Bookmark and Share

Open the online Arabic language course

Ca. 1231-1180 BCE

Ancient World /
Sea People

Representation of Sea People and Philistines from the Medinet Habu, Luxor, Egypt.
ZOOM - Open a large version of this image

Representation of Sea People and Philistines from the Medinet Habu, Luxor, Egypt.

Detail from the representation of Sea People and Philistines in the Medinet Habu, Luxor, Egypt.
ZOOM - Open a large version of this image

Detail of the representation above.

People or clans of seafarers that invaded eastern Anatolia, Syria, Palestine, Cyprus and Egypt in the 2nd millenium BCE. The exact ethnic origin, culture and language is not known.
The Sea People could well be a branch of another people of the region, and there have been several suggestions to this: Ekmesh (a name the Hittites used for the Ahhiyawa), Teresh, Tyrrhenians (ancestors of the Estruscans), Sardinians, Shekelesh of Sicily or Pelest. Another theory is that they could have been a deserted army, or even survivers after a lost war. A third theory point at the rise of the Sea People to the first fall of the city Troy in Anatolia around 1250 BCE (the famous battle with the Troyan Horse is a later battle, possibly 60-70 years later).
Despite their name, their main military campaigns were overland. The started near Ugarit (its location corresponds to modern Latakia, Syria) and continued south, until they ran into Egyptian forces.
The Sea People are known for waging 2 wars against Egypt which probably had disastrous effects on the Egyptian society. But other great states were even worse hit, like the Hittite kingdom, which was destroyed.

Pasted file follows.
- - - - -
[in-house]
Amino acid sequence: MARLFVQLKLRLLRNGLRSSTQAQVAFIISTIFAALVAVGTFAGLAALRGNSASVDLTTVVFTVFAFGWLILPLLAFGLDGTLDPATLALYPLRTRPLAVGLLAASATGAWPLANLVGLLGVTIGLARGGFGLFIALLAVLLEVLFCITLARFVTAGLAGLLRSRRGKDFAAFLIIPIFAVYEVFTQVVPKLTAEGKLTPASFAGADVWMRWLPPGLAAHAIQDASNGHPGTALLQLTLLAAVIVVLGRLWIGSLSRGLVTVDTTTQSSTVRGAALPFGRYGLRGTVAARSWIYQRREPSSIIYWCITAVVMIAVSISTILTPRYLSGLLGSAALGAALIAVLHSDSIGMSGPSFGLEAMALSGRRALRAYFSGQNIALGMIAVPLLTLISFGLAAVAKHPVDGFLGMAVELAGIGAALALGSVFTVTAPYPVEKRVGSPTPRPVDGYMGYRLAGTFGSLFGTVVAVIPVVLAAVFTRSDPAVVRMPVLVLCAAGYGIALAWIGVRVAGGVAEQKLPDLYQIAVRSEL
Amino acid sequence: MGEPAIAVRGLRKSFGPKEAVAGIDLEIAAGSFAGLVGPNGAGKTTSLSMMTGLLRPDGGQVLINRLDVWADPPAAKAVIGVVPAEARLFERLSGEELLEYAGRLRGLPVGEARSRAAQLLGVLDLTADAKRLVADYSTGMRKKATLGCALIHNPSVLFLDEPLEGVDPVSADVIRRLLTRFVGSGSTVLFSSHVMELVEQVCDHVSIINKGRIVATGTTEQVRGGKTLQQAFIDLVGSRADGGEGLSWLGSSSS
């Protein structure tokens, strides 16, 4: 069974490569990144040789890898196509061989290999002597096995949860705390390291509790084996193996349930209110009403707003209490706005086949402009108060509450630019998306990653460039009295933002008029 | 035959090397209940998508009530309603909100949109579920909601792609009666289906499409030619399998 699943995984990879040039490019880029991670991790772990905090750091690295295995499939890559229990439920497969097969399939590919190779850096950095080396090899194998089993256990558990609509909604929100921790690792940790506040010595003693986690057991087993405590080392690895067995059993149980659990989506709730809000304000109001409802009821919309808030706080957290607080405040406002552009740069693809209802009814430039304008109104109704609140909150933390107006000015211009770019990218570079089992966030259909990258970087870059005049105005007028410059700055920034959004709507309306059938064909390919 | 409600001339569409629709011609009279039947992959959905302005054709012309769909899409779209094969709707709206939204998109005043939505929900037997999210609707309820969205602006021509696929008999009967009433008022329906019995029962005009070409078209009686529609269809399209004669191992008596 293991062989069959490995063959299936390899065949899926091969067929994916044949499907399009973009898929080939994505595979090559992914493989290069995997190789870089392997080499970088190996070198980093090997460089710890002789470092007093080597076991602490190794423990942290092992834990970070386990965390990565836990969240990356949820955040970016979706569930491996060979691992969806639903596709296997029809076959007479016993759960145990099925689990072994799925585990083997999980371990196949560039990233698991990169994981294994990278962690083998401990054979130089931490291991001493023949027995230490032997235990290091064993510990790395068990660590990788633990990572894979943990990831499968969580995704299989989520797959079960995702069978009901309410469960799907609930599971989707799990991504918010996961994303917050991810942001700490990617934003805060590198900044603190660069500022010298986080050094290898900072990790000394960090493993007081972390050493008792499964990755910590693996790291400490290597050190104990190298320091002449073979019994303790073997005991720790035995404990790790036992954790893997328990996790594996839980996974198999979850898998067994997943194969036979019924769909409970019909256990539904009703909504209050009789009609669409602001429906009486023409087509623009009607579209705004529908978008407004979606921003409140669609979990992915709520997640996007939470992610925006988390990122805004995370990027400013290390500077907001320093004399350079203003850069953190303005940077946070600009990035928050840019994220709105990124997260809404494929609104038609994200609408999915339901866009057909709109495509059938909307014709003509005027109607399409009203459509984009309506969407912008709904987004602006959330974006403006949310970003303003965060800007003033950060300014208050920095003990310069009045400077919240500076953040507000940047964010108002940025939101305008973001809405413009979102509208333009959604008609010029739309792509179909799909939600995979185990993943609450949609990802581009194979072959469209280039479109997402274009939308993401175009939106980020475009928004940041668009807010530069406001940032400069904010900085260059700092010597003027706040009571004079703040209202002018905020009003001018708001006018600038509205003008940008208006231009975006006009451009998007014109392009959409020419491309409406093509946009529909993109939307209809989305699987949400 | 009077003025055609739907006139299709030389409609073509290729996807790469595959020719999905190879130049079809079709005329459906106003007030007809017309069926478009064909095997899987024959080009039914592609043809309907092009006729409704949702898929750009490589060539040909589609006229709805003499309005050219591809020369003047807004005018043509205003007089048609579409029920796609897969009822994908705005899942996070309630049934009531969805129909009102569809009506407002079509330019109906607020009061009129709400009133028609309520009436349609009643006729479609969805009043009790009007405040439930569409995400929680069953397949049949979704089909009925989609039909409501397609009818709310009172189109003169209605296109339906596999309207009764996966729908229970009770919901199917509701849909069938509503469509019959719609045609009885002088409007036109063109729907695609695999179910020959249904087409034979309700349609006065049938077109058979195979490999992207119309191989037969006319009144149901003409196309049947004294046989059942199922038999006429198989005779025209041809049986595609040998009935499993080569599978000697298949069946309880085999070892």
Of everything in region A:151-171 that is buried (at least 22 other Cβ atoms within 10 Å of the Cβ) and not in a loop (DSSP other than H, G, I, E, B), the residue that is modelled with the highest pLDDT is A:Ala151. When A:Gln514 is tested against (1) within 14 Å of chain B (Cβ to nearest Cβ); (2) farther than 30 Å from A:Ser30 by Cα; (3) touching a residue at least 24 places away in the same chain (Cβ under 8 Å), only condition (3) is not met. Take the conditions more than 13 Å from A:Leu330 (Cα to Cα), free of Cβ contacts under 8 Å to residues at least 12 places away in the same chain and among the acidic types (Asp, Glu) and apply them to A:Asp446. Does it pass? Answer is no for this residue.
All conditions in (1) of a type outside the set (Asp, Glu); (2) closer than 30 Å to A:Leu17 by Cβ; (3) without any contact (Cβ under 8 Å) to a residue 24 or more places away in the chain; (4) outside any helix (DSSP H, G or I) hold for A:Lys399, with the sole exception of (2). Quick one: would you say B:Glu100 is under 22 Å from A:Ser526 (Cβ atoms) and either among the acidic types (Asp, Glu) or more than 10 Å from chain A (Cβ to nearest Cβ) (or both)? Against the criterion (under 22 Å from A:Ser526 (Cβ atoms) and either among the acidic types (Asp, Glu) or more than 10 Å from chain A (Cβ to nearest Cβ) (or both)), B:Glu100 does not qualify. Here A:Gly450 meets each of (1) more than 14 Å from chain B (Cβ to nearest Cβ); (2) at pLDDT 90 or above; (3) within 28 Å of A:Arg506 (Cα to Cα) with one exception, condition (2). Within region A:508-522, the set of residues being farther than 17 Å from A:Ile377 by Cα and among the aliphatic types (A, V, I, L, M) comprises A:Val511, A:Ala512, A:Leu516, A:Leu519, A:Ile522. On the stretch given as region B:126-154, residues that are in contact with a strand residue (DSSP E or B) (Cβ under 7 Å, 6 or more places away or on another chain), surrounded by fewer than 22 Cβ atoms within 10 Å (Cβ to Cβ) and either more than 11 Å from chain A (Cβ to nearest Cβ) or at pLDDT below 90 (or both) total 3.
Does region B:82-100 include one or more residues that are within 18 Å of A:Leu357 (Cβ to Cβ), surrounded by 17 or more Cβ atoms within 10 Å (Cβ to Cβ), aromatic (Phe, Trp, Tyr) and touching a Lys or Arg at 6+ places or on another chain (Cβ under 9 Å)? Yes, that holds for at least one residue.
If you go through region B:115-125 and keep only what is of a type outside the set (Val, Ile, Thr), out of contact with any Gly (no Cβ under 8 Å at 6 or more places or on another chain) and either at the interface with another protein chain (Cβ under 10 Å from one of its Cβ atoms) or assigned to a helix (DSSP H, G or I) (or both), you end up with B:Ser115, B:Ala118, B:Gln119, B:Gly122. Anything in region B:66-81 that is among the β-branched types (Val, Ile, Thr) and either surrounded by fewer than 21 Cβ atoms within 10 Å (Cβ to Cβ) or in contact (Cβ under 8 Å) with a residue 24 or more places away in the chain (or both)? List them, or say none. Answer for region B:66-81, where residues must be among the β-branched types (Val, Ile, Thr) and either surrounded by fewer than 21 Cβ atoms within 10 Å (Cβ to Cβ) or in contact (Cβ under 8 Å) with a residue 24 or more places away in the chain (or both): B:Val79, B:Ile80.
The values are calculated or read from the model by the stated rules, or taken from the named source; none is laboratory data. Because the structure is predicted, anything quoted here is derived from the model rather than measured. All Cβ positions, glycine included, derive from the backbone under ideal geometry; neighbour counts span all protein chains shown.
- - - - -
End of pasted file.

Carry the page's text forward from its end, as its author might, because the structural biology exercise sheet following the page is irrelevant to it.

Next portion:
We have received important information on the Sea People, principally what they looked like, from Egyptian temple reliefs, like the temple of Ramses 3 at Medinatu Habu near Luxor.
When the Sea People attacked different countries, they attacked capitals and cities important to administration. In these cities they destroyed government buildings, palaces and temples, while leaving residential areas and the surrounding countryside untouched. By doing this, they destroyed the local leadership, and could win fairly easy victories.
The Sea People were in almost all ways a negative and destructive force for the region. Even if the Sea People destroyed much through their campaigns, it is believed that they were the founders of the Philistine and Phoenician civilizations, which soon grew to some of the most important forces in the eastern Mediterranean.

1231 BCE: The Sea People attacks Egypt, and fights the forces of King Merneptah. According to the Victory Stele found near Thebes, the Sea People consisted of the following peoples or clans: Shardana, Lukka (Lycia), Meshwesh, Teresh, Ekwesh and Shekelesh. While Merneptah claimed victory over the Sea People, this is perhaps not true, since Egypt entered a period of much internal unrest following this battle,.
1191 BCE: Attack on Egypt, where the Sea People meet the forces of king Ramses 3.
Around 1180: The Sea People sacks important cities of the Levant, like Ugarit and Alalakh. Their destruction was so brutal that both cities were forver abandoned.
— Attacks from the Sea People, brings the Hittite kingdom to its final end. The power of the kingdom had deteriorated for decades, but it is believed that it was the Sea People that hit the final strike. But the Sea People attacked other countries too, like Kizzuatna, Carchemish, Arzawa and Alasiya.
1881 CE: The term 'Sea People' is introduced by the French Egyptologist Gaston Maspero.

By Tore Kjeilen